When two cultures collide in traffic

Here I am biking on an ordinary Wednesday afternoon, among the ubiquitous Dutch rain drops. The bike lane drew straight before me, like a line on a Google map. With the hood tight on my head, I was endeavoring to actively participate in my little girl’s usual confessions. The best and deepest mother-daughter discussions took place on our regular roads through the city. The ears were recording with some difficulties the words coming from behind me, stifled by the noise of the cars running in the rain. My peripheral vision was a little obstructed by my hood, but I stayed vigilant. That’s how I use to cycle, paying attention to potential dangers, better cautious than bruised.

I was aware of the car that advanced on the street exactly in a parallel line with me. But I did not even guess that it would turn right, without giving me priority and that everything will happen suddenly, producing my first crash in six years of using the bicycle as transportation in Amsterdam. The impact was violent because being attentive to our dialogue and uncomfortable with the rain, I did not have time to break. The front wheel shoved in the car’s body, but my hands refused to release the handlebar. My feet were stuck in the asphalt, thus avoiding a fall. As a result of the strong impact, my pelvic became familiar with the handlebars, and my child’s belly collided with the bicycle seat. It did not leave wounds, just shock, scare and pain.

Once the driver has left the car, my story actually begins. Not even two seconds after the impact, my Romanian blood reached the boiling temperature. An overwhelming majority of my fellow countrymen would feel exactly what I had started to feel, and from inside a few words, not at all appreciative,  would have squeaked through the gaping of their mouths, galloping from the vocal cords. Somehow, I do not know how, after six years of non-reactions in the public space, my lips remained stuck. My brain was running bad words, but this time they stayed inside.

I swear on all the saints that if I was a native, she would have instantly shaken off the shock and would have left the crime scene because time is precious and it’s worthless to waste it with potential conflicts. This was probably what the guy behind the steering was assuming because in the first few seconds he did not show signs of any desire to move his ass out of the car. Later, quieter than my best calm in 40 years of life, slowly, not to awaken his ancestors, he incarnated himself in front of my eyes. A handsome gentleman, in his 50’s, well dressed and I guess well educated. On his face I read … nothing. He walks elegantly in front of the car and arrives before me with a small conquering smile on his lips. My 34 years spent in Romania are looking for a familiar reaction on his face, a regret, a bit of guilt, a gram of care, but his face remains harmonious and discreetly amused. Quit unexpected for me and for my whole relatives, I keep quiet. I look in his eyes like a sociological experiment and … I say nothing.

„Sorry”, let the gentleman come out through his beautiful lips, somehow against his will and without the slightest regret.

I shrug, smiling, as I imagine a lion would smile face to face with the antelope. Demonstratively, I turn to Anna and ask her in Romanian if she’s OK.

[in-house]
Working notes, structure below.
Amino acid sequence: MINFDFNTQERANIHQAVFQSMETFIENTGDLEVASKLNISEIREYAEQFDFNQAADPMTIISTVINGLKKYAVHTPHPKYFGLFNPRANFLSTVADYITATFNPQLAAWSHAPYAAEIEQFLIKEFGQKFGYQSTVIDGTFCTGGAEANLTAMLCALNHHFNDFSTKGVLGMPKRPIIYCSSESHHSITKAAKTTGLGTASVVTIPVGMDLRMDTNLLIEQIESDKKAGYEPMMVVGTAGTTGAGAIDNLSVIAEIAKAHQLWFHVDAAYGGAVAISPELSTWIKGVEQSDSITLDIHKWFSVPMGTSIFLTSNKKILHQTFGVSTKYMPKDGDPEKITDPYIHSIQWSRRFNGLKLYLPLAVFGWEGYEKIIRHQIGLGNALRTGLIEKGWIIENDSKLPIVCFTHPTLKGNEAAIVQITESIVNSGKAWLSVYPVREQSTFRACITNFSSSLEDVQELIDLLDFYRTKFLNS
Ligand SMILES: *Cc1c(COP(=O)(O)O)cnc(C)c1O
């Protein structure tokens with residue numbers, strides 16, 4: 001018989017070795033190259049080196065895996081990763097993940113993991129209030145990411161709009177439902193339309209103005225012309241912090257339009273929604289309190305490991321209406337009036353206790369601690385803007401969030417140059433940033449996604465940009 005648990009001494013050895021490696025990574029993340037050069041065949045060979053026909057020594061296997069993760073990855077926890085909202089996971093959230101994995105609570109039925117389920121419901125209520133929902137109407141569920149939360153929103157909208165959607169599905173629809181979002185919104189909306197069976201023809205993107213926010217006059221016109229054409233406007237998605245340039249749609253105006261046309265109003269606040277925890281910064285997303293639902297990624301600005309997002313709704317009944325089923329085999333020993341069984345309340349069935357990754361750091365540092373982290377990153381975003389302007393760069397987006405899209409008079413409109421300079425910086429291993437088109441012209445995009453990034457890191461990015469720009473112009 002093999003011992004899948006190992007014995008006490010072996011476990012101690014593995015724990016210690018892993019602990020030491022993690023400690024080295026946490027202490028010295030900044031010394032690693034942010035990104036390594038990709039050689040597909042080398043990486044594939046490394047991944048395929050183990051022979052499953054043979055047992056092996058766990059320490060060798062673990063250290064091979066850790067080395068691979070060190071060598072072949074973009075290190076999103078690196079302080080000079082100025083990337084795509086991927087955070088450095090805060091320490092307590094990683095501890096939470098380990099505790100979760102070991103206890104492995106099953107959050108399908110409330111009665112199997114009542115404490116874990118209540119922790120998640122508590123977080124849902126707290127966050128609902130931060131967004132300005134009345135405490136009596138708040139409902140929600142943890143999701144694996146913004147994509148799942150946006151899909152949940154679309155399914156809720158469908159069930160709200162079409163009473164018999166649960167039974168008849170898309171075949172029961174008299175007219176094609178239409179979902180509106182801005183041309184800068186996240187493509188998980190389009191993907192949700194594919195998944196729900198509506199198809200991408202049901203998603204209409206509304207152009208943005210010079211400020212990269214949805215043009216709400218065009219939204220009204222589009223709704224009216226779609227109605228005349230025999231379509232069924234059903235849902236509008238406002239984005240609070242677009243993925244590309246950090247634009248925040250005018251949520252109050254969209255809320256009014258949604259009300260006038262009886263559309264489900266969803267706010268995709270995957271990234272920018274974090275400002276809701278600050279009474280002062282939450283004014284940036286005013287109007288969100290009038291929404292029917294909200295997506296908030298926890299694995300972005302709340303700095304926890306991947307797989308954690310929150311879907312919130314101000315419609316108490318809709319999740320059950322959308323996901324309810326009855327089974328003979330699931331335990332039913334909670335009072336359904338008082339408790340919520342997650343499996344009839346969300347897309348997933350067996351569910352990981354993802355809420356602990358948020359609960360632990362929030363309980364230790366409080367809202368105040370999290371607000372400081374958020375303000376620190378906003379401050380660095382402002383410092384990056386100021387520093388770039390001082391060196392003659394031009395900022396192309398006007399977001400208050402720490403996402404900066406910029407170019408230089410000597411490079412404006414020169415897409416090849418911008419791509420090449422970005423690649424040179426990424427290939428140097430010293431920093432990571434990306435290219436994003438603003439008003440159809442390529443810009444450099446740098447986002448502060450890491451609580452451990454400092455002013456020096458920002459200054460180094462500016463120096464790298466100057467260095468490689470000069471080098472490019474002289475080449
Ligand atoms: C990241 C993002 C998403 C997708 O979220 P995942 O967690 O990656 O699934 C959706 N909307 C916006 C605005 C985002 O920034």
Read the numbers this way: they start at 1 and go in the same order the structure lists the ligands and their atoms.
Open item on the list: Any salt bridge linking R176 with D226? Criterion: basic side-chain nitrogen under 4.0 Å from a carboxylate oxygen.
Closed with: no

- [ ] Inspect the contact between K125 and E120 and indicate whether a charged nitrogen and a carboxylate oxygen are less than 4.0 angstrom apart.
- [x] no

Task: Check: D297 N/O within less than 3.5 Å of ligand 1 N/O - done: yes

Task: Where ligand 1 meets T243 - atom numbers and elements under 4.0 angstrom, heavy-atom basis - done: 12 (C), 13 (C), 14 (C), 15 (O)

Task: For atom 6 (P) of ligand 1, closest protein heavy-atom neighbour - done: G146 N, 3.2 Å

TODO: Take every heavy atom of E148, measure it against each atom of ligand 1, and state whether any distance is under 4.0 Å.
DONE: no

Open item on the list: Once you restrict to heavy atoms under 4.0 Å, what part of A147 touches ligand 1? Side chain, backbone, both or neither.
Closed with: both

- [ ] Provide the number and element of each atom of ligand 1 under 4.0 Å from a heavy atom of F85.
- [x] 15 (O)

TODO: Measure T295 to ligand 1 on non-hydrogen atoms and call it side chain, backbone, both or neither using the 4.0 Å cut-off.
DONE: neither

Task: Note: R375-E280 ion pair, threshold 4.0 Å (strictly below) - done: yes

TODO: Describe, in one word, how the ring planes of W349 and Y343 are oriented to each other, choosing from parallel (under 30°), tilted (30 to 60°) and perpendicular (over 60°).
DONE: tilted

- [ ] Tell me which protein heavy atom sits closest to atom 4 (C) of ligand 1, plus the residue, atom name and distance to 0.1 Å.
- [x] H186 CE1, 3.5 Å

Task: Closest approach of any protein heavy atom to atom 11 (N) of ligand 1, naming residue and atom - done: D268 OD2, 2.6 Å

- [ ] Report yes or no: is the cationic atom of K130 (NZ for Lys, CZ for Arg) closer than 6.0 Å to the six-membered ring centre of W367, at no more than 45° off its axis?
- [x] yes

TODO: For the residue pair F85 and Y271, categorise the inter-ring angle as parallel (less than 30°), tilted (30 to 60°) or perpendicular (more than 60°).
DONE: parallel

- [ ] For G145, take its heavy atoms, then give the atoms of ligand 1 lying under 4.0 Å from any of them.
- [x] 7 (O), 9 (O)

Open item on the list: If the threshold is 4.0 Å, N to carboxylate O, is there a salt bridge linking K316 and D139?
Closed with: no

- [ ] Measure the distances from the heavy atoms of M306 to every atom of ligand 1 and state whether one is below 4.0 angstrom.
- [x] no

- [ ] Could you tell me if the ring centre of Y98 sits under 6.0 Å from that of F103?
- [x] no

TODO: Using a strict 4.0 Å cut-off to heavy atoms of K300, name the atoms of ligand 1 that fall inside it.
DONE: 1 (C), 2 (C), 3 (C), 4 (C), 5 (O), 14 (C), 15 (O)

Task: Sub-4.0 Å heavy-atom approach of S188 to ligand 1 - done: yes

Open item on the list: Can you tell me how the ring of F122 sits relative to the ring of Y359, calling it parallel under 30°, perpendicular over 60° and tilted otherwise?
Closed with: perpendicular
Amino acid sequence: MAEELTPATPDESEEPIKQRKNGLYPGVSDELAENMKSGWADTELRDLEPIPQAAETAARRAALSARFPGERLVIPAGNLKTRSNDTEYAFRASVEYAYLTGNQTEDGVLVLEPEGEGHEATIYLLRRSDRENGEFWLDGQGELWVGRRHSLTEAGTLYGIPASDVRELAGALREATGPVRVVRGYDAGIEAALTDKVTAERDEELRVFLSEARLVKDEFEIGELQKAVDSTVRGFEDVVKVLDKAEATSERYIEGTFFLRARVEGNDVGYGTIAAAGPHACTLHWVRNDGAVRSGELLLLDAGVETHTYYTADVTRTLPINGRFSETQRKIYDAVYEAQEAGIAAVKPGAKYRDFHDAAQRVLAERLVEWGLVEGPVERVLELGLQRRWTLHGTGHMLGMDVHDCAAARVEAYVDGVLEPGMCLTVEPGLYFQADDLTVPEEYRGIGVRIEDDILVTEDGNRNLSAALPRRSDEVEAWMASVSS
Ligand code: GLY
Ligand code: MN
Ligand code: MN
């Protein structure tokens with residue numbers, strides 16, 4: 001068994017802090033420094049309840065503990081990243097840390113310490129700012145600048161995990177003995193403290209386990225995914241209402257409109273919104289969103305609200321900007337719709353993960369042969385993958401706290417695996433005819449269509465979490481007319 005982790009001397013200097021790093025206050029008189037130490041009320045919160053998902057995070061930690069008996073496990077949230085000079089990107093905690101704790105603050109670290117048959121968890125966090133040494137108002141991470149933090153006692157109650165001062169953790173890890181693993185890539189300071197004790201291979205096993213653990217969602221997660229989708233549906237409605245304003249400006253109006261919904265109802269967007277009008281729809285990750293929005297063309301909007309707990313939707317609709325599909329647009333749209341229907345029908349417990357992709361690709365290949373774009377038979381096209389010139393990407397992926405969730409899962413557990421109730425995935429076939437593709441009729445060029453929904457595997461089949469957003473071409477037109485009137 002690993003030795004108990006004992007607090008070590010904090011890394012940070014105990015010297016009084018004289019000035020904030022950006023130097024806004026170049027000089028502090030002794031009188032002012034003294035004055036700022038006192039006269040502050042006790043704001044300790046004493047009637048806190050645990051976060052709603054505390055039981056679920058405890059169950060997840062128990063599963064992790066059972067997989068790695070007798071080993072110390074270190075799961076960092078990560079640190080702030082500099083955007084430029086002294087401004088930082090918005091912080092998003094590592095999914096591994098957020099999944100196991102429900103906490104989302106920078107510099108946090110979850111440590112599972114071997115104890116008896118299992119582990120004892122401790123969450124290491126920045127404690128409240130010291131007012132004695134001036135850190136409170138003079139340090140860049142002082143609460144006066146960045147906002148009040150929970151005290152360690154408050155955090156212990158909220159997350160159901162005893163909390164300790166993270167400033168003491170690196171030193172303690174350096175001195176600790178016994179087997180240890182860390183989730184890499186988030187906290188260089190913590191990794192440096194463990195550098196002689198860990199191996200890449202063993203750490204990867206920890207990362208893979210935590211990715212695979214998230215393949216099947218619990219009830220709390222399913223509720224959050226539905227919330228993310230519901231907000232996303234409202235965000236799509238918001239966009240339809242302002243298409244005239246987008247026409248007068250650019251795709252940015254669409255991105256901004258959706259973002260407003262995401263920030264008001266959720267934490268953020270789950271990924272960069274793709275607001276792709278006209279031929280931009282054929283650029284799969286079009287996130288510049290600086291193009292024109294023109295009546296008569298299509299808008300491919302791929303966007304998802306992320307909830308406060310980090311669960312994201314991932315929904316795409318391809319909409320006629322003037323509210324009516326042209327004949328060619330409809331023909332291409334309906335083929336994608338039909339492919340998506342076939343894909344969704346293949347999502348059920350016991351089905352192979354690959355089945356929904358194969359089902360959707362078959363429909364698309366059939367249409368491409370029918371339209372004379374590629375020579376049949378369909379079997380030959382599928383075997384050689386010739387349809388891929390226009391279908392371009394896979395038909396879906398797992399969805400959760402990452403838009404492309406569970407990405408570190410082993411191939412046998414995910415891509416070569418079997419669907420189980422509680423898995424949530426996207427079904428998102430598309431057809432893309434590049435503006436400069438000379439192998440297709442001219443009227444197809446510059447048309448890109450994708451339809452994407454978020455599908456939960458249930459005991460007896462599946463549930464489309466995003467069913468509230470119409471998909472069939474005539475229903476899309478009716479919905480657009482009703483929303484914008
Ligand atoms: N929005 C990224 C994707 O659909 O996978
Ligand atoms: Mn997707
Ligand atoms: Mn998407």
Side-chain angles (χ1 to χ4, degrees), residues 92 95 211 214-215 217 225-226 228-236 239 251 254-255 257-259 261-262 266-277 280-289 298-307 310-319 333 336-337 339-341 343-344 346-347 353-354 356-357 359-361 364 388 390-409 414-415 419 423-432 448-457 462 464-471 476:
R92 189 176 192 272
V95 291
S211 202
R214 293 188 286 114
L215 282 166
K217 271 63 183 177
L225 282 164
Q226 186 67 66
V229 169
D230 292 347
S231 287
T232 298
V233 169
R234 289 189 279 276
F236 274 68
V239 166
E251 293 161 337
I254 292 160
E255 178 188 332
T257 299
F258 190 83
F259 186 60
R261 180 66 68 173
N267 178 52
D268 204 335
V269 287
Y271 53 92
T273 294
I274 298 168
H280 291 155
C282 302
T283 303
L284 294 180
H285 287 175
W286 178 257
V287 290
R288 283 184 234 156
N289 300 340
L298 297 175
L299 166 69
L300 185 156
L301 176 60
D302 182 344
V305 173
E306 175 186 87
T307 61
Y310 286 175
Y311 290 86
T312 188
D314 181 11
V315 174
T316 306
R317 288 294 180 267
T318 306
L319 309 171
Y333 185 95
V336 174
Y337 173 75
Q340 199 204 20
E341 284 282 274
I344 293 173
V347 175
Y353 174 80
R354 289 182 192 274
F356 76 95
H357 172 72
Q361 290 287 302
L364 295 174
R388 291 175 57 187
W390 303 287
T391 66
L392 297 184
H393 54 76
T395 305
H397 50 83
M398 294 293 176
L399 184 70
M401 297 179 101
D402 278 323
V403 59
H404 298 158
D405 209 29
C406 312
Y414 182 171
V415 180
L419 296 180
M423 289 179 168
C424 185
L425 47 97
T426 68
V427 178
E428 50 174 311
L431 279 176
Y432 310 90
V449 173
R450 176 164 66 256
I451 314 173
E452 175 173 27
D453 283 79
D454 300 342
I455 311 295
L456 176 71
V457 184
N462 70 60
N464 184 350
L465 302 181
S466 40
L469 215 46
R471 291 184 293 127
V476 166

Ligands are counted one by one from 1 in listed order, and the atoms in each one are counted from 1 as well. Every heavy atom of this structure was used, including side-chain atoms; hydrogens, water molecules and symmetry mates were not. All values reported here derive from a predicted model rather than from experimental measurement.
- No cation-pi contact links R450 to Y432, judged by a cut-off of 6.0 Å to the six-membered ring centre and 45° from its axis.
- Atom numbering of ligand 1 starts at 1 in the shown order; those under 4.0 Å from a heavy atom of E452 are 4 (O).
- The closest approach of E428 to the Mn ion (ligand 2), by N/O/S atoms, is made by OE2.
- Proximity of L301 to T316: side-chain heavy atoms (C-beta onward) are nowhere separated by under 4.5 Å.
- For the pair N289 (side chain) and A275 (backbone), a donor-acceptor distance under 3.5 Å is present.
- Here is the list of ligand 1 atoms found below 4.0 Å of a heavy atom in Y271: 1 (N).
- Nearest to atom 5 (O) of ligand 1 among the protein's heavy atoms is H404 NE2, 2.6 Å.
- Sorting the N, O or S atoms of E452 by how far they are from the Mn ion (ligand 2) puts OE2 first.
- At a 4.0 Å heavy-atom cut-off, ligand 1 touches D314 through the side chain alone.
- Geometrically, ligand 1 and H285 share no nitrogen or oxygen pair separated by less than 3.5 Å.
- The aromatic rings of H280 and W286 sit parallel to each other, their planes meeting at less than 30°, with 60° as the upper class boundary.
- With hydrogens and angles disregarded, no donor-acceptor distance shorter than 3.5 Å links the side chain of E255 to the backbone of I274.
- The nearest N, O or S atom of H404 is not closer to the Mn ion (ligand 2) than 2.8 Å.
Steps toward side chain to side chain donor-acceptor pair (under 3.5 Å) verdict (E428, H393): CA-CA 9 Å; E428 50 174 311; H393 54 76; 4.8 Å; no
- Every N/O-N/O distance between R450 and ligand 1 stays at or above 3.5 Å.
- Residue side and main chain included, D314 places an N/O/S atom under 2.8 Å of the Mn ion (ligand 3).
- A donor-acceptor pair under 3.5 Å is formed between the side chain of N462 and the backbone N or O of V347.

„Yes, mother, I’m fine,” replies the little girl with the voice of a sparrow in the claws of the hawk (I do not have the appetite to google if the hawks hunt the sparrows, most probably they don’t, but I think that’s what her voice sounded like).

Returning to my beautiful Dutch guy, I expect to have succeeded in my strategy and to see on his face a concern for the child involved in the accident. I played my strongest card and … I lost.  My Dutch guy did not really feel anything or his emotions were expressed in a dialect from which I did not understand anything.

„You didn’t stop”, I hear myself saying with a voice emptied of any emotions.

„I didn’t see you”, my Dutch guy answers, increasing by several percents the state of amusement that seemed to have taken possession of him from the very beginning.

Looking back, I strongly believe that I was hypnotized otherwise, how could I explain the peace and calm that guided me in this cultural-street interaction?

With the gesture of a genuine Transylvanian prince, I take off my soaked glove and lay my hand worthily.

„Sorry”, the Dutch guy repeats, completely overtaken by this aristocratic outburst of the victim, while delicately shaking my hand.

„Het kan gebeuren” (it can happen), I give him the blow of grace, pushing him in the heart with the foil of mankind.

We say goodbye like two old buddies and each one goes his own way while I continually touch myself in the intimate areas to see if the machine is still intact.

In fact, my little story is about guilt and about how two cultures can assimilate this strong feeling so differently. We, the Romanians, we breathe guilt, we metabolize it in the liver without being able to neutralize it together with the other toxins. We often blame and, most of all, we blame ourselves. Both as a nation and individually, we have a lot to lose because of this feeling that we seem to carry in our DNA, passing it unconsciously from one generation to the next.

While in this small and pragmatic country where I live, the blame has been completely extirpated by collective vaccination. When they gave up their churches, turning them into office buildings or exhibition spaces, they buried this negative feeling under a new layer of plaster because it is connected with religion and must be removed from public and private space. The miraculous words „Het spijt me” (I’m sorry) have been removed from the dictionary and replaced with the English „Sorry”, always spoken with good humor as we are used to wish „Happy Easter.”

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